The lack of need for the sun’s light is another fulfillment of an earlier image. Earlier in the Apocalypse John sees the people of God being led by the Lamb to the new creation. One of the promises given is that the sun will not scorch them (7:16). The Lamb’s gentle but eternally luminous light is their source of vision by day. The Lamb is also said to lead the people to the springs of the water of life, a promise made good by the river of life.
The city is all fulfillment of God and Christ’s promises. In the letters to the seven churches at the beginning of the book, Christ promises various things to those who conquer through faithful witness. Most of those promised things appear in the heavenly city, including the tree of life (2:7; 22:2), authority to rule over nations (2:26-27; 22:5), having one’s name in the book of life (3:5; 21:27), the new Jerusalem coming down from God (3:12; 21:10), and a place with Jesus on his throne (3:21; 22:5). Contrary to interpretations that understand the new creation as a replacement of our world, the return of these images at the end makes clear that the new creation is a fulfilling of God’s promises to all that God has made.
A Homiletical Tour
Preaching this text should involve more than just making these connections between Revelation and the Old Testament or within the book itself. An evocative text like this, full of God making good on promises and expanding our imagination to see everything made new, calls for creative engagement and bold proclamation. At the same time, a text like this can feel far removed from our everyday lives of routine and struggle in the “real world.”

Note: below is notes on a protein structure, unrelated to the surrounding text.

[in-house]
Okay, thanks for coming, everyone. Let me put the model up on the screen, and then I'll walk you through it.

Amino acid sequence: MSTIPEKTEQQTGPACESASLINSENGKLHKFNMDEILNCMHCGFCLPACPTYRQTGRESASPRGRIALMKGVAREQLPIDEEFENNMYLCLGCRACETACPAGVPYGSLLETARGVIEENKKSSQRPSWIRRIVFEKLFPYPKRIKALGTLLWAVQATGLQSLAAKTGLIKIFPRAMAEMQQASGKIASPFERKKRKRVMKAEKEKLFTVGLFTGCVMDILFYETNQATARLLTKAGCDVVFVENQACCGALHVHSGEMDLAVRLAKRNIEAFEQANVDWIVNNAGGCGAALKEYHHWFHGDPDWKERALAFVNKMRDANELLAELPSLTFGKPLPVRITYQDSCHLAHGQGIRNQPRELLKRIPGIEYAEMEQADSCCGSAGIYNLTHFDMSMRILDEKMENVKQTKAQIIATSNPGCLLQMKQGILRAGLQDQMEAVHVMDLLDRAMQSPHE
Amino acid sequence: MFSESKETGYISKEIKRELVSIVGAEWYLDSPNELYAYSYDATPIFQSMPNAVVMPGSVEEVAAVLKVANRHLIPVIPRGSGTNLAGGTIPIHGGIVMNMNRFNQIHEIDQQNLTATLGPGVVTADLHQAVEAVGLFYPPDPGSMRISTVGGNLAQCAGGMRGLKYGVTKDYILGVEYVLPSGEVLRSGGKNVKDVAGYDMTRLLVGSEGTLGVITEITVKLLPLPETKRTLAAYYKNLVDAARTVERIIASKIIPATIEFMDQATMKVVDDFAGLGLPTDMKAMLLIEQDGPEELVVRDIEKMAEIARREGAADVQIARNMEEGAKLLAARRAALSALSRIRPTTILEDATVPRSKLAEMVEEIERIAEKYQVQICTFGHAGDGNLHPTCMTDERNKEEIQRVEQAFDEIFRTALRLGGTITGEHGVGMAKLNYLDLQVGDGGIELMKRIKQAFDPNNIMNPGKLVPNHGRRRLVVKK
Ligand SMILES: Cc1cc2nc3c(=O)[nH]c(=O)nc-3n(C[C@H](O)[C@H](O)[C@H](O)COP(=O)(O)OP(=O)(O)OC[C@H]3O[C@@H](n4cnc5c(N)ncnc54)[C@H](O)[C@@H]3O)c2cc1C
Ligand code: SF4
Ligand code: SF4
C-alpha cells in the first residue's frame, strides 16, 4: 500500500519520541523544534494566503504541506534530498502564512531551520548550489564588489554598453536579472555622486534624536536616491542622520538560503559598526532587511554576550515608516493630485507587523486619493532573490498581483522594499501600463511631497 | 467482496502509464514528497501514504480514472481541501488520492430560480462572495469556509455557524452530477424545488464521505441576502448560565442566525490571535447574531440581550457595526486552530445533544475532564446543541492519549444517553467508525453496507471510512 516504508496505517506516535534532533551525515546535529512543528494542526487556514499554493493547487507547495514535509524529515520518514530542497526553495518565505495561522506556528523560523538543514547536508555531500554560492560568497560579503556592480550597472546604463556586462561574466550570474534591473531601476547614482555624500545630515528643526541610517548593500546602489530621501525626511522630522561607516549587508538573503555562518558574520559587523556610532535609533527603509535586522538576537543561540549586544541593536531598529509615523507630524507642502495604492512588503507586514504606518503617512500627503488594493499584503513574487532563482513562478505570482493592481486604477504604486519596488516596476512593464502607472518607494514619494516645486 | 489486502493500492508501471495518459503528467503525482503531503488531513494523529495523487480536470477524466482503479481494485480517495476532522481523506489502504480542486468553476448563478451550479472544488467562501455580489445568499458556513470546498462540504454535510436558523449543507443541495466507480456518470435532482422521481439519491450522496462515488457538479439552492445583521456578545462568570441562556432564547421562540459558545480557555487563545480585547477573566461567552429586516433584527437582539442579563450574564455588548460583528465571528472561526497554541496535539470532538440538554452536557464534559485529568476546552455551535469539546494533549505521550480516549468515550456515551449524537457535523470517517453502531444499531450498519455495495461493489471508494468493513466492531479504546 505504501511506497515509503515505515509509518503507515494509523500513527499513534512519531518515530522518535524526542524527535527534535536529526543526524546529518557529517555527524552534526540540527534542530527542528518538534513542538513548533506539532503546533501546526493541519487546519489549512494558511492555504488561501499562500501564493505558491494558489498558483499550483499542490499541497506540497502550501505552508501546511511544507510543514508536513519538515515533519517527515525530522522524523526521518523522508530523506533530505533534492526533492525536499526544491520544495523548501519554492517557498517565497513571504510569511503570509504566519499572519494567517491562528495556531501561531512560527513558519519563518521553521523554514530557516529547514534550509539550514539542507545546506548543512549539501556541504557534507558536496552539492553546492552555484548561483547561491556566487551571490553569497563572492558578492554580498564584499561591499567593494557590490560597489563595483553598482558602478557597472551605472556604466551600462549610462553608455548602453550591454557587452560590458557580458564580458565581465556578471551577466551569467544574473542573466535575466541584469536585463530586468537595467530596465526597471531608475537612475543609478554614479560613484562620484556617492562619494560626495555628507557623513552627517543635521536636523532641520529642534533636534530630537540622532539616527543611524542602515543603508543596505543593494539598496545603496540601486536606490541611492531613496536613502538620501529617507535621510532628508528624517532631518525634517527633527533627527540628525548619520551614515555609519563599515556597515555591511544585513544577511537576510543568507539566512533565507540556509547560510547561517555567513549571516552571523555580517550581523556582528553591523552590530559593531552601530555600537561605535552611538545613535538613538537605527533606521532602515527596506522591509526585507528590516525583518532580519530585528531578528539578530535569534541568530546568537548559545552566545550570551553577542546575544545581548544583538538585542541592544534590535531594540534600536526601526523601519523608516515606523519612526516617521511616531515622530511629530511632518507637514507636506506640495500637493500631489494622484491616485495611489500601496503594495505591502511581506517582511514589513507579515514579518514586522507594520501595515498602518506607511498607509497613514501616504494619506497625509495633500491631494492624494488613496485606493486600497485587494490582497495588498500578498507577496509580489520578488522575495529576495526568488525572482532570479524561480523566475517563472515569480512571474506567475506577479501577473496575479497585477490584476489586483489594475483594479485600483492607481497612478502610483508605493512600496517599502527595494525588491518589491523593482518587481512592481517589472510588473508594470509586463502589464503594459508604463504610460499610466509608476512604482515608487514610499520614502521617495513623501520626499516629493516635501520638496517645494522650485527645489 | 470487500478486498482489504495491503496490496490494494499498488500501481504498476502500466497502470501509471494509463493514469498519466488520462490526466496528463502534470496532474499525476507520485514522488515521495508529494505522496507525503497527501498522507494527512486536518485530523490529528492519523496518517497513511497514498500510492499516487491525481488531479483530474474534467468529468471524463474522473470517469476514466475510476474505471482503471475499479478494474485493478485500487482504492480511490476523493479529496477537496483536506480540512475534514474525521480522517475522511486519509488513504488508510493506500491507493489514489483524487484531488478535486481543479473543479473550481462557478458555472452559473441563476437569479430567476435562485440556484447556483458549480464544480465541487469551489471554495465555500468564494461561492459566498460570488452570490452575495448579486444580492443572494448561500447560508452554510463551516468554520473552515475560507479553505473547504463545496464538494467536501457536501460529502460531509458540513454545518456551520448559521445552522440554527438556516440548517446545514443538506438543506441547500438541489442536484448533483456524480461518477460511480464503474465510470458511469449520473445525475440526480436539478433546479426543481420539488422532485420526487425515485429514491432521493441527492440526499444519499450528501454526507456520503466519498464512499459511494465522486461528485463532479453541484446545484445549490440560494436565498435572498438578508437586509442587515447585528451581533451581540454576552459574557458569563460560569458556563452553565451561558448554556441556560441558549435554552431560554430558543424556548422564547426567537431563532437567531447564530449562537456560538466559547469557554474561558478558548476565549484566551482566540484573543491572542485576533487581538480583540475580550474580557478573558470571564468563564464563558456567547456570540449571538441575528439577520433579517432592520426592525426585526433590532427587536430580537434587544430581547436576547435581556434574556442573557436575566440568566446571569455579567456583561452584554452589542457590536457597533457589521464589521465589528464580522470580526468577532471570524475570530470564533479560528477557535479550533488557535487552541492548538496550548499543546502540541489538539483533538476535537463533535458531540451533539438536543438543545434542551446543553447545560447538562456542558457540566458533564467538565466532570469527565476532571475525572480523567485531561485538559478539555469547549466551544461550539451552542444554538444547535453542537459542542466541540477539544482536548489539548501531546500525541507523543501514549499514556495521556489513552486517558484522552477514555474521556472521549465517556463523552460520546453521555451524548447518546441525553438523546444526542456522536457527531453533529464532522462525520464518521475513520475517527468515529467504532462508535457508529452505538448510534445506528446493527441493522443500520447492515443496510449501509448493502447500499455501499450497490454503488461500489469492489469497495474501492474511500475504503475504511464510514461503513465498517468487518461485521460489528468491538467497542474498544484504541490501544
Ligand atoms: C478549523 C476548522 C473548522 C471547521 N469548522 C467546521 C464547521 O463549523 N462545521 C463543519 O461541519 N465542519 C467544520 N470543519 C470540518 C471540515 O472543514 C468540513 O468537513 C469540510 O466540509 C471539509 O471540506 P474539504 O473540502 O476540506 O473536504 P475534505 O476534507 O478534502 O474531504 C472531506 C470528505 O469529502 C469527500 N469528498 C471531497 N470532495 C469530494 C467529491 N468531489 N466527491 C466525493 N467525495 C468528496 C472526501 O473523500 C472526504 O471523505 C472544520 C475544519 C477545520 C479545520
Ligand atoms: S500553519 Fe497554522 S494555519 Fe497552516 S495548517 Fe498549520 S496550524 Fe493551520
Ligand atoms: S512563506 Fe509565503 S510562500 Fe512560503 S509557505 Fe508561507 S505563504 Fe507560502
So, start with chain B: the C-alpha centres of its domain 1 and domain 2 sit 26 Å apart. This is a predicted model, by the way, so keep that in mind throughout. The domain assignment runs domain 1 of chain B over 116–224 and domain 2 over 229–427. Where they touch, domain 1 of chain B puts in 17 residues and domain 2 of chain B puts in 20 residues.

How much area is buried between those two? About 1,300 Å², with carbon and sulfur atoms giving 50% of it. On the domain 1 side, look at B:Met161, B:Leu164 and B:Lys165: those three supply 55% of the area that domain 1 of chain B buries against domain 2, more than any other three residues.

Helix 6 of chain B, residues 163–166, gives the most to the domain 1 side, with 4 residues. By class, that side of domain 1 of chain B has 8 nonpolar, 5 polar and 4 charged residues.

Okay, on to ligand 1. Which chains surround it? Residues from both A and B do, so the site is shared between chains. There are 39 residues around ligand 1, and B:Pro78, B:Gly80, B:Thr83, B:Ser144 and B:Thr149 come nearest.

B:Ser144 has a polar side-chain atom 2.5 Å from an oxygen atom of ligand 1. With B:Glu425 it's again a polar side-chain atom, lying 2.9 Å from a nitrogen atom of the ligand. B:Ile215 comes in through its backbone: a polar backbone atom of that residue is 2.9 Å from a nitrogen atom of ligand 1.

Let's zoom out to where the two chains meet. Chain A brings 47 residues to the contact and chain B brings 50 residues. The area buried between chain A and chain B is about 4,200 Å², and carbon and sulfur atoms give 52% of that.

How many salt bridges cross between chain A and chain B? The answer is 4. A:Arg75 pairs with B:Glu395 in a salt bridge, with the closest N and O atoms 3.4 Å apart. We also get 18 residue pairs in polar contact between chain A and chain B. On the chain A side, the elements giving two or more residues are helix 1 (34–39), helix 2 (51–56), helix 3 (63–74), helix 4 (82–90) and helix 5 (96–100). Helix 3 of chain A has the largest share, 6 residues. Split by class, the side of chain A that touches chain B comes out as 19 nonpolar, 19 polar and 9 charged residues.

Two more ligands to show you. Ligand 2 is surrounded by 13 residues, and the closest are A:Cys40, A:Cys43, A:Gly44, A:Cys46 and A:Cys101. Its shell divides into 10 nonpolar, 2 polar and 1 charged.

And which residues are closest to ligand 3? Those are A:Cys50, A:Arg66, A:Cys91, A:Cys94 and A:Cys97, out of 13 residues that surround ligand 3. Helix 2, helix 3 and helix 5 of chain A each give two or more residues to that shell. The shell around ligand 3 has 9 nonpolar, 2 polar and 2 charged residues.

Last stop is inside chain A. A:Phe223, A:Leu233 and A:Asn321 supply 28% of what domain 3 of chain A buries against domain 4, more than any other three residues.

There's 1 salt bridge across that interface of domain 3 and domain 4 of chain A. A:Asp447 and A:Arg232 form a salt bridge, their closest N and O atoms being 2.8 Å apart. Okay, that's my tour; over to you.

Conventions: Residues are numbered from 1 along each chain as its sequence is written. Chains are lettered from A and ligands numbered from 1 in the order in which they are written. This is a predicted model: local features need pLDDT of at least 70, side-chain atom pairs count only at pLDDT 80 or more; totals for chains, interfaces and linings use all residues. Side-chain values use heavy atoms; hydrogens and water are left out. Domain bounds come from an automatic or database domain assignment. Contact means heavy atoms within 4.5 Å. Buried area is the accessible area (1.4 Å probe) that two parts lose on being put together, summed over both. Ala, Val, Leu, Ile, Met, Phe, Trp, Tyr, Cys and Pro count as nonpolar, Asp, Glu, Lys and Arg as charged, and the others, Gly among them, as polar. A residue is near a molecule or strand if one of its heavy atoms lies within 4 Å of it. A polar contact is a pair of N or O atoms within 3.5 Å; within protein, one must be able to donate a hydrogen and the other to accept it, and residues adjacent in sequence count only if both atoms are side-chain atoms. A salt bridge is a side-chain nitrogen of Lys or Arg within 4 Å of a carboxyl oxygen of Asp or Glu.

One fruitful way to preach this text would be to take the congregation on a tour of the holy city, just as John is taken on a tour. It may look something like exploring the contours of the new creation, not asking what these images “mean” but how they make us feel, how we respond to hearing these promises fulfilled, what hopes and longings they inspire in us. Approaching the heavenly city this way may help our hearers to inhabit our own cities and towns with fresh perspective and invigorated hope—if this text tells us about the future of every place on earth, then it means it is the future of the places I live and inhabit, the future of every person I encounter.
What changes in our mindset, and the ways we live and act, when we realize that our lives are to be sourced from this future where God will be all in all? How do we make space for others in our lives when we hear that the city’s gates are open by day and that it is never night? What kinds of vocation in the world are we called to when we hear that the leaves of the tree are for the healing of the nations? Are we able to be surprised by the expansiveness of God’s welcome to all cultures and peoples when we hear that the kings and the nations bring their glory into the city and the city is not threatened by this? A text like this offers the opportunity to invite people into the hopefulness of John’s Apocalypse, a book so often rejected out of fear. Make no mistake, this passage, like all of Revelation remains strange and “out there.” However, preaching this text can invite listeners into the strangeness of Revelation in a life giving way.
 Apocalypse comes from a Greek word meaning “revelation” or “unveiling” and does not necessarily mean “disaster or cataclysm.” Austin Farrer, A Rebirth of Images: The Making of St. John’s Apocalypse, Boston: Beacon Press, 1963. “The Lamb” in Revelation could also be translated “little ram” and the Lamb in Revelation always is pictured as slain, perpetually crucified, caught on the cross as the ram was caught in the thicket.